Web Science Workshop

Position Paper

Henry S. Thompson
1 Sep 2005

1.   An important distinction

The 'old-fashioned' Web (OFW) is over 10 years old, it is ubiquitous, it is measured in billions of pages and uncountable numbers of http GETs. The Semantic Web (SW) is half that age and a tiny fraction that size.

It's commonly believed that a key reason the OFW grew so fast in its early days was because anybody could produce a web page about their interests/areas of expertise, and anyone else (well, anyone else who could read English :-) could find it, benefit from it, link to it, contribute their own information.

One way of summarising (trivialising?) the SW is to say that its goal is to do the same thing for mechanical/non-human users.

There is a lot of opinion, and some science, available with respect to the question of what properties of the OFW technology account for its success, see for example The Architecture of the World Wide Web. I think it's fair to say that we have no where near enough experience with the SW yet to be able to tell which, if any, of the things which make the OFW work are needed for the SW.

Another way to look at this: Some of the obvious antecedents to the OFW were FTP, Gopher and Hypertext. We have a pretty good idea of which of the ways in which the founding technologies of the OFW (http and HTML) were different from those antecedents were implicated in its leaving them in the dust. Some of the antecedents for the SW to be found in Information Retrieval, Database Theory (ER modelling) and AI (Semantic Nets, CYC, etc.). What aspects of the differences between SW and those antecedents do we see as fundamental to its eventual success. Some possible candidates:

2.   A problem for the OFW

We need identifiers for, and machine-exploitable descriptions of, languages on the Web, their evolution and their relationships. We need an understanding of how names are scoped by namespaces and defined by languages.

An XML language is a collection of names for elements, attributes and other things (a vocabulary), a grammar which specifies how they can be combined to form documents, and a specification of the meaning(s) or function(s) of each name in the vocabulary. The names in an XML language are local to that language, and we don't have a systematic way of associating the Web's generic universal names, that is, a URI, with any such local name or name/definition pair.

A major issue with respect to names on the Web is that names within languages are not static. As languages evolve names appear and disappear and their use changes. Indeed versioning has been a topic of concern for XML language designers and users almost as long as XML has existed. Precisely because we have formal mechanisms for defining XML vocabularies and languages, e.g. DTDs, W3C XML Schemas, Relax NG schemas, the pressure to provide concrete support for versioning is very strong.

We need a means to define languages and provide for their evolution. This will involve making it possible to name a language, to distinguish clearly a language from a version of that language, and to describe in a constrained and explicit way the relation between one version of a language and another.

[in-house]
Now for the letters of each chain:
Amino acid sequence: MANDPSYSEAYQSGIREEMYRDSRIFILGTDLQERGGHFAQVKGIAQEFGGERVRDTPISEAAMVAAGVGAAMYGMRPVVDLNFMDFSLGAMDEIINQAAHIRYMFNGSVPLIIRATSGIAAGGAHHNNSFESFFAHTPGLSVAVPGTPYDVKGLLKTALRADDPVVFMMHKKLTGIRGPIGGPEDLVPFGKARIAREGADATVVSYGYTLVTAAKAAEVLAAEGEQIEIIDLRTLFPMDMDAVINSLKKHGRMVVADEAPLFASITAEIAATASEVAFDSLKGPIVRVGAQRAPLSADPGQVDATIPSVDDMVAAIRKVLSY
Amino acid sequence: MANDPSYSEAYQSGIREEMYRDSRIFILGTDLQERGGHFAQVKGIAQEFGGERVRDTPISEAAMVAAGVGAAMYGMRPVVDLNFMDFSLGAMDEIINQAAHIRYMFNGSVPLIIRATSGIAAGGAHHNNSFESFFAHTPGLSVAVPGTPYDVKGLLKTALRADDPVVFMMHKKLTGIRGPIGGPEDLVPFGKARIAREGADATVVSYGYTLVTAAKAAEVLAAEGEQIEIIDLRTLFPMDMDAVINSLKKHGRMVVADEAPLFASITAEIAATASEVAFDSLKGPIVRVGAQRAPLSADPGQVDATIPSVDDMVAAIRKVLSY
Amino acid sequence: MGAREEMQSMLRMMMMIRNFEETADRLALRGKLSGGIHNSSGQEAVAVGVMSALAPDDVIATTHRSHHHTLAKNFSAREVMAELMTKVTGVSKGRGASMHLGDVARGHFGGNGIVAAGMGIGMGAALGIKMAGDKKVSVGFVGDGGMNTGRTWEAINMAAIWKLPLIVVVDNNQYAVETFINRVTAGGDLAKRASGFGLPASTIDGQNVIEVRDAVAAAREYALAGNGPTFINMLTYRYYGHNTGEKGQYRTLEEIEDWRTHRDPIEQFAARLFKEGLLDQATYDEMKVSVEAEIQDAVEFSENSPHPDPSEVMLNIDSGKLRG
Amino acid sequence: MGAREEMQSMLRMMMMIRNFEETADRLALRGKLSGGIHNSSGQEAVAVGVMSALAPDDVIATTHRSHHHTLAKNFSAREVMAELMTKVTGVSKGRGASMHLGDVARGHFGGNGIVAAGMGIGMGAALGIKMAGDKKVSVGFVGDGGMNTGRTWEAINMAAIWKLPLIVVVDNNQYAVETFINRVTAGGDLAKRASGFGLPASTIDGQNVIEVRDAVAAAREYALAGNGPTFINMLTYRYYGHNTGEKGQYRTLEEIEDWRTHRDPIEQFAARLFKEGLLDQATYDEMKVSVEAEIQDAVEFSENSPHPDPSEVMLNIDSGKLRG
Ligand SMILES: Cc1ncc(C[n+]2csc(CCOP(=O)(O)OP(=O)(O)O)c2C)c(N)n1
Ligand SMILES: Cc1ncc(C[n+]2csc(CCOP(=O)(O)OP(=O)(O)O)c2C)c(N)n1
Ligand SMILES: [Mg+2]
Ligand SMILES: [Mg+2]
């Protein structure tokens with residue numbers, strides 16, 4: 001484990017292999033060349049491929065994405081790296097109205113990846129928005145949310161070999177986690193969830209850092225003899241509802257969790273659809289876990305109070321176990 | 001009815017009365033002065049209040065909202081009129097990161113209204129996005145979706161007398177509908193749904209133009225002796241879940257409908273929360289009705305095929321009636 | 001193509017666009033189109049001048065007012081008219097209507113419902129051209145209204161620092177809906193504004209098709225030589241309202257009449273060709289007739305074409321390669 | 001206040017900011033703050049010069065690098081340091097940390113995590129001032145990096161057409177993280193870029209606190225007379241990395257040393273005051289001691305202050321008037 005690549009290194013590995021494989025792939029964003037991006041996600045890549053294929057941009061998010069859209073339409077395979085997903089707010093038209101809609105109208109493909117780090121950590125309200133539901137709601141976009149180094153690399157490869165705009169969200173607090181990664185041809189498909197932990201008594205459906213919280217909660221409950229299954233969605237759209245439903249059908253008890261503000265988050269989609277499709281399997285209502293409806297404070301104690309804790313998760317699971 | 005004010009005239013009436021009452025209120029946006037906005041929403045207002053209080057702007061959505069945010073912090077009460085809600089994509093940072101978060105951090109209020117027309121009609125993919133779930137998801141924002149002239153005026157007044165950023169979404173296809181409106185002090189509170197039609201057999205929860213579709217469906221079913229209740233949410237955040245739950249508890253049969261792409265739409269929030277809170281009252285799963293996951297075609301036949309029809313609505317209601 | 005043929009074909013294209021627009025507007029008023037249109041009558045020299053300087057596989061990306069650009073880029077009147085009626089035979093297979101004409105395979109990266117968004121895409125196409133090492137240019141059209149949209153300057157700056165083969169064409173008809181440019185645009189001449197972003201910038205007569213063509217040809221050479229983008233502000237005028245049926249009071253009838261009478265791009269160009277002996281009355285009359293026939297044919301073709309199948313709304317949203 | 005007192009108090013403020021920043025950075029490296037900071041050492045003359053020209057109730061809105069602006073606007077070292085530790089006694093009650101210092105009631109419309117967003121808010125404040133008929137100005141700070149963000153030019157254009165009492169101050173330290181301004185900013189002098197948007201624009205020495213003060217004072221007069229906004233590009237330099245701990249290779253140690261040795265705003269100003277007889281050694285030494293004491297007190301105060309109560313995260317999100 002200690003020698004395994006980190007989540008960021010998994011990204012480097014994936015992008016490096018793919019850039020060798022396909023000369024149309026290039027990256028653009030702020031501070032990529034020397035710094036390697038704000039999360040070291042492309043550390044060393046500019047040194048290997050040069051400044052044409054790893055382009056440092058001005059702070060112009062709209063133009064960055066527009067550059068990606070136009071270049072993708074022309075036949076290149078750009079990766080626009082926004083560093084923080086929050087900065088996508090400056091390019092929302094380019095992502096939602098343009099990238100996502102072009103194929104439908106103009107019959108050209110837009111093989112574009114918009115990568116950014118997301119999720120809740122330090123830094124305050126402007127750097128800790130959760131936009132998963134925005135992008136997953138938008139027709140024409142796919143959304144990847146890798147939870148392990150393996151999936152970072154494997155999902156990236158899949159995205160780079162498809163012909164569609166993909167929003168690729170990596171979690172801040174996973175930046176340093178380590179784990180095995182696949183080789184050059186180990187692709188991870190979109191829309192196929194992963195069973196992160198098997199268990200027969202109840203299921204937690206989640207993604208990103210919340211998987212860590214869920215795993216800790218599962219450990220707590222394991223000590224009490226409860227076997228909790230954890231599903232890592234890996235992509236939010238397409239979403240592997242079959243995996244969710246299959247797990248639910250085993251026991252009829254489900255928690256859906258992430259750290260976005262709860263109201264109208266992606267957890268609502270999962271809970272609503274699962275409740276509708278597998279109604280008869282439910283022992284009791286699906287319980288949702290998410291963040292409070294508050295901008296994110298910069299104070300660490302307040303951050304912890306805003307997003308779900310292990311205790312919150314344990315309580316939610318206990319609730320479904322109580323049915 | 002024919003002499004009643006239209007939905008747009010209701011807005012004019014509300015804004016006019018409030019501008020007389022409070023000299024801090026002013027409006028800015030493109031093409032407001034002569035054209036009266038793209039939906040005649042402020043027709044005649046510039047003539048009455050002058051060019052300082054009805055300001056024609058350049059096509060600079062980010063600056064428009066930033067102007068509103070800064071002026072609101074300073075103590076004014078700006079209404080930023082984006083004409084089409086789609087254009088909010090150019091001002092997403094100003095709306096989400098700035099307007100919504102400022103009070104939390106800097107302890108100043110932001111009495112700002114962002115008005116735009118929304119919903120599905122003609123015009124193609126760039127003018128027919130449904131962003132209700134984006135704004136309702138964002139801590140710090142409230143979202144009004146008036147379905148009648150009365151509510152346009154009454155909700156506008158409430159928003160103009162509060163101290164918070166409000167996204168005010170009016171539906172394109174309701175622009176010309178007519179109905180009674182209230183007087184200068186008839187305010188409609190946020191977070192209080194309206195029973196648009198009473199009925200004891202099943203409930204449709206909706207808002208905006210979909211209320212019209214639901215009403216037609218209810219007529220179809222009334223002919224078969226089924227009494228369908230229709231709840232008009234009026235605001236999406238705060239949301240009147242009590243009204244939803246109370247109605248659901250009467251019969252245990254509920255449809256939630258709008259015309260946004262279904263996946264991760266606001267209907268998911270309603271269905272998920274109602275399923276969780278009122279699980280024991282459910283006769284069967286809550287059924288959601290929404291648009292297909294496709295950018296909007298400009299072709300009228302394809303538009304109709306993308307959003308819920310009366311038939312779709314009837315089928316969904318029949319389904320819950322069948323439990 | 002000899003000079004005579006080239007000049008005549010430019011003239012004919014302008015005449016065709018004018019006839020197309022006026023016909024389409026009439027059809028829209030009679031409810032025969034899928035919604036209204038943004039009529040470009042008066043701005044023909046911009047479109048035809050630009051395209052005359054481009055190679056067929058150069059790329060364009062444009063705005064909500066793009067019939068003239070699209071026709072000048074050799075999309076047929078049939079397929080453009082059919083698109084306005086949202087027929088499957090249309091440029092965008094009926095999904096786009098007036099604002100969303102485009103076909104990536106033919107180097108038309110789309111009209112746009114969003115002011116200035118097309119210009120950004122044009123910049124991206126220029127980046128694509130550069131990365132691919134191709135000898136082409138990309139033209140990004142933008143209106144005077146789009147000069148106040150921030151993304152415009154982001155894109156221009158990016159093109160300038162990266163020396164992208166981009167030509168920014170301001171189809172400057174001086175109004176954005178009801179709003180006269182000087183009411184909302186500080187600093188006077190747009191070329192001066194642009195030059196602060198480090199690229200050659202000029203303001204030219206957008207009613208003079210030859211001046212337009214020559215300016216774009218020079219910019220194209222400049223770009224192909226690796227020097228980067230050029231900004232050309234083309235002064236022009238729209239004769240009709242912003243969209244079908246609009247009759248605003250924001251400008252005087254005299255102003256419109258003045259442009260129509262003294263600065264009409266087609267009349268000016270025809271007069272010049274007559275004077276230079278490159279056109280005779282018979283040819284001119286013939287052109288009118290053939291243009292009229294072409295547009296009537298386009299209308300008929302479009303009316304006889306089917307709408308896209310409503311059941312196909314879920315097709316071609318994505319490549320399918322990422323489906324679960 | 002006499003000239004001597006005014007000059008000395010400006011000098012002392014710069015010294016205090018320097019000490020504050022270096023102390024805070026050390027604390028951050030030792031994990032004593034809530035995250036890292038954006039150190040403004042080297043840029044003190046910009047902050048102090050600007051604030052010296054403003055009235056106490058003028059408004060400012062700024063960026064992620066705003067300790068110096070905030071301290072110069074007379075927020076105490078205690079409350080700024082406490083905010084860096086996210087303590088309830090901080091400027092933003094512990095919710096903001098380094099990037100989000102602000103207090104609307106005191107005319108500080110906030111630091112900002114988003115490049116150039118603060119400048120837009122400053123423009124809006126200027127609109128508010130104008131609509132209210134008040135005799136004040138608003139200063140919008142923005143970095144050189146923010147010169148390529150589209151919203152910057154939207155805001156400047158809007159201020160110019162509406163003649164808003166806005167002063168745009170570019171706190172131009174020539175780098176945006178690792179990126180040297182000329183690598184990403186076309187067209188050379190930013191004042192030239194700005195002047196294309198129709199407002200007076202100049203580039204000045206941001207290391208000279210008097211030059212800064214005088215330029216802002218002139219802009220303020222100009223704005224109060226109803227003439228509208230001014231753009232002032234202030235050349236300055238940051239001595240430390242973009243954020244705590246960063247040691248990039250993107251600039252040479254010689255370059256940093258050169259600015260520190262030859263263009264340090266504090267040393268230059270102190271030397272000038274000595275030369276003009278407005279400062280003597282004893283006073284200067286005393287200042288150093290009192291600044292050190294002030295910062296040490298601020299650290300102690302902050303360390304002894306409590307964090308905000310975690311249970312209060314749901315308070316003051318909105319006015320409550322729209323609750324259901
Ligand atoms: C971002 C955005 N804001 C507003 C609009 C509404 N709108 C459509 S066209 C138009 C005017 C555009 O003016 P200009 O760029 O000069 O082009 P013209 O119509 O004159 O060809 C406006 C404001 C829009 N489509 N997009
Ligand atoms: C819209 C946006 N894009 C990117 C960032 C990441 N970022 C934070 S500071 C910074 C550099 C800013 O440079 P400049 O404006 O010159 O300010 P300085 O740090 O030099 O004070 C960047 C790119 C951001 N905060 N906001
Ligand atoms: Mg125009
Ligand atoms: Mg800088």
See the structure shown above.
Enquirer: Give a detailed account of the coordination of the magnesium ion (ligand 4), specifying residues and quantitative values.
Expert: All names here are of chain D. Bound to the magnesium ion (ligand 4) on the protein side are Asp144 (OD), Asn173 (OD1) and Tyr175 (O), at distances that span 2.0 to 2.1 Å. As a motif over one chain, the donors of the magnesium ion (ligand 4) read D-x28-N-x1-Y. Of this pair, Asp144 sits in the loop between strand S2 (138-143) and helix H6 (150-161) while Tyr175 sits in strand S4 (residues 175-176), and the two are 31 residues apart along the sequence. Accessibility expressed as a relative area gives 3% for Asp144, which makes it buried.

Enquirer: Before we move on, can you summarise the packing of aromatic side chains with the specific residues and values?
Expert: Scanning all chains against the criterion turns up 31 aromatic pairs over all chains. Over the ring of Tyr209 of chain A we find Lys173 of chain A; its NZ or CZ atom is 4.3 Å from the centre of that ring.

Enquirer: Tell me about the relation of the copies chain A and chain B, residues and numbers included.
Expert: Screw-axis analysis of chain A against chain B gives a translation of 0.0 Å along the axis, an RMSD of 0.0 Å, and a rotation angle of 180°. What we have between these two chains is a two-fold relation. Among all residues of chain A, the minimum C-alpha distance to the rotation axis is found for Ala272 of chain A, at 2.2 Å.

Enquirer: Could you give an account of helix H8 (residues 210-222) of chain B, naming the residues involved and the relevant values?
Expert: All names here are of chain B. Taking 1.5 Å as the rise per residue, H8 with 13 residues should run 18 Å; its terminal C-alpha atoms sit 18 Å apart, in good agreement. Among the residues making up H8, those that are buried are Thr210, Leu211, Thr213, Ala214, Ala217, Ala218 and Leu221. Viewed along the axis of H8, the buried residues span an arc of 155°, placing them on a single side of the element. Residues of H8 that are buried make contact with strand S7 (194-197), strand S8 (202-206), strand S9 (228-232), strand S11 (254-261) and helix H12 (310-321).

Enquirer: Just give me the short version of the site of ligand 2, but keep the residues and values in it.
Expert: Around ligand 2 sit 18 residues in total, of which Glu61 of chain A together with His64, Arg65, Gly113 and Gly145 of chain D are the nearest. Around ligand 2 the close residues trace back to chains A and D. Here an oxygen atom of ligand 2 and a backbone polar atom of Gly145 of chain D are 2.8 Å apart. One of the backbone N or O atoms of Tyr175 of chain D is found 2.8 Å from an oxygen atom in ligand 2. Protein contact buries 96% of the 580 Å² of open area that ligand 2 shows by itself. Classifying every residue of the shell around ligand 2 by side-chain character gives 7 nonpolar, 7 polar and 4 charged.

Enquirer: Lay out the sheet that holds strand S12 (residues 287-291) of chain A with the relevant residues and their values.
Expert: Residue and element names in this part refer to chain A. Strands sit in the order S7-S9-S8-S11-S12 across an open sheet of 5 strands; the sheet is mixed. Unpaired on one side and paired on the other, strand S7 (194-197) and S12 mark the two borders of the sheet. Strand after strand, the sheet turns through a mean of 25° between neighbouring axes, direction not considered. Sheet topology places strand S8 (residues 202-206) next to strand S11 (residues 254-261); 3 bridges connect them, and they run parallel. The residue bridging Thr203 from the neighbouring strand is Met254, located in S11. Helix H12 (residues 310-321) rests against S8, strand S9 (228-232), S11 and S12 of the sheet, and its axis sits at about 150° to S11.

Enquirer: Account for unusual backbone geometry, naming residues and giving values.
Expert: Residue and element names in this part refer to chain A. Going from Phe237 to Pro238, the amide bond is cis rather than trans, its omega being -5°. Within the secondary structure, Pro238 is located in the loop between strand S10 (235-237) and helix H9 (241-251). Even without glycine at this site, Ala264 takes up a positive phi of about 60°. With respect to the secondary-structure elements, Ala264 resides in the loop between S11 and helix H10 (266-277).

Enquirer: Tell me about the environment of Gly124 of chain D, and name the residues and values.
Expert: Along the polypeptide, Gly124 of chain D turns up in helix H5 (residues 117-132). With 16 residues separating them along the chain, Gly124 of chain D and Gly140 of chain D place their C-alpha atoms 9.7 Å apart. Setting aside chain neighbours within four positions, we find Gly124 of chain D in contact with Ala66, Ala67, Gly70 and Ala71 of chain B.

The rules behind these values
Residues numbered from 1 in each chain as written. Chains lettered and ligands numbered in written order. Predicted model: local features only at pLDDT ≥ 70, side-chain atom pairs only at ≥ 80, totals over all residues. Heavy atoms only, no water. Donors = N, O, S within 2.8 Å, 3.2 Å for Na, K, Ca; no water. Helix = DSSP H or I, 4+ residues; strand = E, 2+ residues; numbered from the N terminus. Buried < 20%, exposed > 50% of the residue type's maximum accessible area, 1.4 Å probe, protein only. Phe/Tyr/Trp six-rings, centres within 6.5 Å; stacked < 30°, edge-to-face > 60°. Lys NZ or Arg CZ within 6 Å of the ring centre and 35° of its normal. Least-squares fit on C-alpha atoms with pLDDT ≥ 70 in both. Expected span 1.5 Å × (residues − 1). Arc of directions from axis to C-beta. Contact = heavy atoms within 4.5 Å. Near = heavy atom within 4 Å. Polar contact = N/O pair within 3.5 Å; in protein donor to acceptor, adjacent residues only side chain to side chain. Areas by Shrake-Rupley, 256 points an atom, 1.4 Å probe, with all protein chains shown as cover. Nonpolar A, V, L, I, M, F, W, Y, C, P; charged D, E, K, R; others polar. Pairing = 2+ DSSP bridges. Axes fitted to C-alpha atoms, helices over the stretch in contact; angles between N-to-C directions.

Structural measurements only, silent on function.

XML namespaces will obviously play a part in this story, but we cannot assume that (versions of) languages are always identified with namespaces. Some widely used languages don't use namespaces. Some use more than one. Some widely used languages use namespaces and change them with (major) version changes. And finally some widely used languages don't change namespaces across even major versions.

It is a fundamental principle of Web architecture that if something is of any significance on the Web, it should have a URI. This is not currently the case for most language-defined names. We would like, for example, to have a URI for "the 'P' element in HTML" and, indeed, for "the 'P' element as defined in the Transitional dialect of XHTML 1.0 of 26 January 2000", but we don't. This is a bug, and it needs to be fixed.

3.   The Statistical Semantic Web

One take on the history of AI over the last 30 years is one which sees statistical processes which deliver probably nearly correct answers slowly displace all but the most narrowly-constrained uses of traditional KR+Inference approaches.

Is there a parallel here for the SW? In a talk I gave recently at a celebration of the work of Karen Sparck Jones [very crude HTML, please do not cite or circulate] I suggested that perhaps there was. Certainly much of the early SW rhetoric about metadata and global synergy has been overtaken by the reality of success stories which are tightly focussed on specific application domains using ontologies agreed in advance by all the players.

Together with Harry Halpin, a PhD student in Edinburgh, I've been working on an approach to naming for the SW, called Web Proper Names, which we think points towards the alternative suggested by the AI parallel, namely, instead of focussing on the logic-based exact-answer goal, focus on the global synergy goal, accepting that the results will only probably be nearly correct.

The fundamental challenge here is that of identity of reference. That is, achieving useable synergy between independently developed metadata requires a means for determining when two URIs are as-near-as-makes-no-nevermind being used for the same subject or property.

There's even an interesting convergence of statistical NLP with this idea -- preliminary results from work by Johan Bos and others at Edinburgh suggest that useable shallow local ontologies can be derived from HTML web pages fully automatically. It's a short step to using such ontologies to automatically generate metadata using Web Proper Names. . .